This shows the insincerity of the government towards tertiary education in Nigeria and towards the welfare of university lecturers in the country. What explanation can be given to the fact that the government of a nation negotiates with its workers, an agreement is reached between the two parties, the agreement is signed and nothing is done about the implementation for nine solid years?
Why should workers have to go on strike before government reluctantly agrees to dialogue with them? Are the people in government not Nigerian citizens and residents? Are they not seeing the need being raised by the workers? We cannot continue like this. Nigerian workers are saying no to a government that is not concerned about nation building. They are saying no to an insincere government.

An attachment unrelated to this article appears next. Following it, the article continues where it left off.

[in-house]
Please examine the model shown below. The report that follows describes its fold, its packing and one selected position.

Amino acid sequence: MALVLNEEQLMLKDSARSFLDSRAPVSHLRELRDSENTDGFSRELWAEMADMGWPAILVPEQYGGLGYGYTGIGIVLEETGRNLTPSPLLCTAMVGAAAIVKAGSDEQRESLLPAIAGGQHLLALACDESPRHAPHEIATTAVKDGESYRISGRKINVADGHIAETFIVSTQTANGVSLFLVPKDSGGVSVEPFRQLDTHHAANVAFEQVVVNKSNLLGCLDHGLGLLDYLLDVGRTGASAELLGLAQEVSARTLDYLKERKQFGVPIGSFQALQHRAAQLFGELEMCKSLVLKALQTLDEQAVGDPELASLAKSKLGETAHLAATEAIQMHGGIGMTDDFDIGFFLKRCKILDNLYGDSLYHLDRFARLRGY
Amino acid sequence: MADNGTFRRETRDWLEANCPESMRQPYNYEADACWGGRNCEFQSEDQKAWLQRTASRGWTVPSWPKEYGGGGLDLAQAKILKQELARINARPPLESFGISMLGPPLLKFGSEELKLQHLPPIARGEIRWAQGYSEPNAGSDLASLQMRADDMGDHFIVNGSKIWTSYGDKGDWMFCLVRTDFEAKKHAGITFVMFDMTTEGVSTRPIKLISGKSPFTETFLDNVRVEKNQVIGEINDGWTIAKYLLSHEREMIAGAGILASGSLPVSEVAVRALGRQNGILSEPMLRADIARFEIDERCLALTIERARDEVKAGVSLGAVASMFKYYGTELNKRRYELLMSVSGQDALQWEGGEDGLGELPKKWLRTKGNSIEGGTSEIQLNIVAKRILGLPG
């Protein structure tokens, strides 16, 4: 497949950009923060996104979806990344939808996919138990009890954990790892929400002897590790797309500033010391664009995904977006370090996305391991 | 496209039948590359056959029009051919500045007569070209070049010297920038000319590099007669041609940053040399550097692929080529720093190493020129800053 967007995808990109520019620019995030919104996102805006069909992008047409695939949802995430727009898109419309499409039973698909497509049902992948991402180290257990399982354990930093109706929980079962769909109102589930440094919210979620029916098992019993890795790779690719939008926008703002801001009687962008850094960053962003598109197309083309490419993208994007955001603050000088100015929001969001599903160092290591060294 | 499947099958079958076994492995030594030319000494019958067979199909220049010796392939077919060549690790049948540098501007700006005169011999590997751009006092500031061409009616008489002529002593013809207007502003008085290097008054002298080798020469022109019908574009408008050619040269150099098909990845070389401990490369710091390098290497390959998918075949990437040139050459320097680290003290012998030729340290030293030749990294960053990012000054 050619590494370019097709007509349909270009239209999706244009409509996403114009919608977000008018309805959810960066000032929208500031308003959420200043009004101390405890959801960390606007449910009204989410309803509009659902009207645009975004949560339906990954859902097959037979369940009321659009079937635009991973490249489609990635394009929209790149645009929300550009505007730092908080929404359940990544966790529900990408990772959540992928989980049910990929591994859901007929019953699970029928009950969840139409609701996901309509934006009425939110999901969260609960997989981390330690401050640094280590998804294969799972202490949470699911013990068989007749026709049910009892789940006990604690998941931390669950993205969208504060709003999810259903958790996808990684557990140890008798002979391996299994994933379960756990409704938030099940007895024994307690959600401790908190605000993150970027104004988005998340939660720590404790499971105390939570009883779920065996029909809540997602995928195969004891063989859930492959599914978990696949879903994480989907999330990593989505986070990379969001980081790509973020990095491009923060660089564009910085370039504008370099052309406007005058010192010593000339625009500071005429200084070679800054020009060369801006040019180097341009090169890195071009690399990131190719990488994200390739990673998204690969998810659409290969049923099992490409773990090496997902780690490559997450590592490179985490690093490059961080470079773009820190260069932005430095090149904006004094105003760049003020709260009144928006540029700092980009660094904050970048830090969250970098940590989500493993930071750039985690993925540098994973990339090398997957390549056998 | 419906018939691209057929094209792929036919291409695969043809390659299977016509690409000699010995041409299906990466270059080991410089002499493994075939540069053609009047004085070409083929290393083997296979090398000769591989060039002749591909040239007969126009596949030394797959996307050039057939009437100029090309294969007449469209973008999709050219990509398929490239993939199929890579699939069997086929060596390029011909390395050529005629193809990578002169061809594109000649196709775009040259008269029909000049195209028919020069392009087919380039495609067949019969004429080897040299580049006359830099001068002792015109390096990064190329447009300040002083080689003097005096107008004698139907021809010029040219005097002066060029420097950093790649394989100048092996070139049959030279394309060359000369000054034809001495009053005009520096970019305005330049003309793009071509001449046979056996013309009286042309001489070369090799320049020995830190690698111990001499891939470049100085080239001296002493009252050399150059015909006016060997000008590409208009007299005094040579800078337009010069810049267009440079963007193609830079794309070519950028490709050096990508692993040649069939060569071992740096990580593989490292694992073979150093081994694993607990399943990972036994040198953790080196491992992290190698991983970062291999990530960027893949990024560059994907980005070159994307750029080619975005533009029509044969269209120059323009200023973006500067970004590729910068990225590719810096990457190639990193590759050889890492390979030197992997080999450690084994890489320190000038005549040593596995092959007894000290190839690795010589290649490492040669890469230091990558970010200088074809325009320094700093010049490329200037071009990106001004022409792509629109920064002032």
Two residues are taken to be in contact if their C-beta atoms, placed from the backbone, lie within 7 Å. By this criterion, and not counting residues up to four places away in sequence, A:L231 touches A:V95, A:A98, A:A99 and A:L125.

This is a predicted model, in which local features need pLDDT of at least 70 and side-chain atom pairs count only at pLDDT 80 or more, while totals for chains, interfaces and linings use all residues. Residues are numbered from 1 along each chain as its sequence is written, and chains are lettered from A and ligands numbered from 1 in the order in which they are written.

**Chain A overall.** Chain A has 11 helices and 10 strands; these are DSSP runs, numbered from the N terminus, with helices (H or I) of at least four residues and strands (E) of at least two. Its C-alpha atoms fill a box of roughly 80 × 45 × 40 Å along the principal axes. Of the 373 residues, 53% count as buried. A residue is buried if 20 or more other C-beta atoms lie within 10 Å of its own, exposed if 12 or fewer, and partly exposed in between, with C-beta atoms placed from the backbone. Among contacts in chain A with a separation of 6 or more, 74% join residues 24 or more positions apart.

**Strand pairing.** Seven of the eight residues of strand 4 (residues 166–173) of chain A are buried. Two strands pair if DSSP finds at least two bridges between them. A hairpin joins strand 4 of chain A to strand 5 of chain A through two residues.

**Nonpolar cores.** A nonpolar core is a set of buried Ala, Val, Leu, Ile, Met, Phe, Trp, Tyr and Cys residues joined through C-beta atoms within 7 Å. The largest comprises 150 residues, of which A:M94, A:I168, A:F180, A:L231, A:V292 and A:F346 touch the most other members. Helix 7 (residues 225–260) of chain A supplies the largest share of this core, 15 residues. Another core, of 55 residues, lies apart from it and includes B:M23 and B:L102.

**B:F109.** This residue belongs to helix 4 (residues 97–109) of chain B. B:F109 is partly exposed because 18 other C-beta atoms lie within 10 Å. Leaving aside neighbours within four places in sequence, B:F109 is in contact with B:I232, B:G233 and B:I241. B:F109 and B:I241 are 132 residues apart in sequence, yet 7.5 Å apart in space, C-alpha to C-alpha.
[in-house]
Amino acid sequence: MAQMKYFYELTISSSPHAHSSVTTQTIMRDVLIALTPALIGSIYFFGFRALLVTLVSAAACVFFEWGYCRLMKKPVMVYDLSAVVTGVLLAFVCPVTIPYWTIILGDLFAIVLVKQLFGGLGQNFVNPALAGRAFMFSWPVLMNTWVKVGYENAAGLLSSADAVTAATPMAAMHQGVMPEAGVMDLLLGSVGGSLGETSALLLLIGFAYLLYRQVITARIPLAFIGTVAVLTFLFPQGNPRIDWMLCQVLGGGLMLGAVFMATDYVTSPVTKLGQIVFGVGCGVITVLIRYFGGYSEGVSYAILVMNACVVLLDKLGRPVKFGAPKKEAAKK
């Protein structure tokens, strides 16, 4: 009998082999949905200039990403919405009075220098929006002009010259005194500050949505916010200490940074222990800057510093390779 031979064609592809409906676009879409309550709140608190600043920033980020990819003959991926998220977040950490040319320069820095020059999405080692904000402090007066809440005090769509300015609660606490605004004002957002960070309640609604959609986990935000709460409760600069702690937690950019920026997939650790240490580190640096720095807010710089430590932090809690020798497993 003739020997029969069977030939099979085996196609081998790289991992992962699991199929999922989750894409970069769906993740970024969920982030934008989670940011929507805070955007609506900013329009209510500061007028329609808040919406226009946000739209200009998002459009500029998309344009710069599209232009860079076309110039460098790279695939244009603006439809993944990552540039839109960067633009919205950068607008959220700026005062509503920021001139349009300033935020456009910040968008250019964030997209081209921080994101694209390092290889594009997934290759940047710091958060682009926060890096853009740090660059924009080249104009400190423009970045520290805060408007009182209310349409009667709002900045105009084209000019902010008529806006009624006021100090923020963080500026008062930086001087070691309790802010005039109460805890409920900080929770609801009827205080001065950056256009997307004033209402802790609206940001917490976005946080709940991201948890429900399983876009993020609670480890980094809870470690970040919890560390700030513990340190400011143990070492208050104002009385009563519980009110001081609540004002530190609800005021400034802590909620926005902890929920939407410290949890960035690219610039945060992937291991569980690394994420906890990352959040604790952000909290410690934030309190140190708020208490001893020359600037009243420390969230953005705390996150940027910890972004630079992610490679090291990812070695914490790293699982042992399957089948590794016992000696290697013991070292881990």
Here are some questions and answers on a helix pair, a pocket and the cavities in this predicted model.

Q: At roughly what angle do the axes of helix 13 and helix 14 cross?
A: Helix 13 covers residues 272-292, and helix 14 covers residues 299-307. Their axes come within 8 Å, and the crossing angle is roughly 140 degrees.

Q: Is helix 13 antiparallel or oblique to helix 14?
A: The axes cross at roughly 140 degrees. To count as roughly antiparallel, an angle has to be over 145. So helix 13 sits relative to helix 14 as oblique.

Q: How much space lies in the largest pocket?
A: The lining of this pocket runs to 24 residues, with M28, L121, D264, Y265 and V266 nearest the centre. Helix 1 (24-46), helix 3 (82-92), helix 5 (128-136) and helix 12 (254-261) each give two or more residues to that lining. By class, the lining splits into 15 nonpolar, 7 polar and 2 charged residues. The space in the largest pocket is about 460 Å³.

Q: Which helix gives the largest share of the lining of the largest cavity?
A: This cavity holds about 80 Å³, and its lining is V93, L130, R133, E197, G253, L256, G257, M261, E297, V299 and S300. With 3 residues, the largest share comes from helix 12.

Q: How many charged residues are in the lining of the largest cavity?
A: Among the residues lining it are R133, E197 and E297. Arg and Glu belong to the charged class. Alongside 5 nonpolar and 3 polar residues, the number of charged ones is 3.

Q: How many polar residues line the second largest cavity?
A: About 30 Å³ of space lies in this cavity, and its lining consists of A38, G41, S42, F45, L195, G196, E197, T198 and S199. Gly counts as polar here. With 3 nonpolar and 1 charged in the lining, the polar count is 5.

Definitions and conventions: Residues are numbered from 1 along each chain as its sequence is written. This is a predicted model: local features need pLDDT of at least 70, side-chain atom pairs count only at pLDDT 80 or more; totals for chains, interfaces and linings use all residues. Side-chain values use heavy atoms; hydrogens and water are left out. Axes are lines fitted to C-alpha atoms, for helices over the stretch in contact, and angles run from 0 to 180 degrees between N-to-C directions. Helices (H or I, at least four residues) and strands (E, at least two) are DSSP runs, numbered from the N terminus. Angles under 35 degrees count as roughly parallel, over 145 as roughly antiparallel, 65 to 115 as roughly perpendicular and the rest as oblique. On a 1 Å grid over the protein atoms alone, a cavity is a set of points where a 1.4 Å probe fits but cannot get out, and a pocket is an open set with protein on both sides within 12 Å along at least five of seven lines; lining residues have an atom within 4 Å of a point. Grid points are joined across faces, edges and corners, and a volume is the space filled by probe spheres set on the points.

After so many years of trying to get government to see reasons to no avail, ASUU called its members to a strike in 2017 which later led to the signing of a memorandum of action that was never implemented by government.
Malcolm X said that “Education is the passport to the future, for tomorrow belongs to those who prepare for it today”. Contrary to this opinion, Nigeria’s future is oblique because our leaders today are bent on destroying the public education sector to favour the private universities owned by most of them for profit making.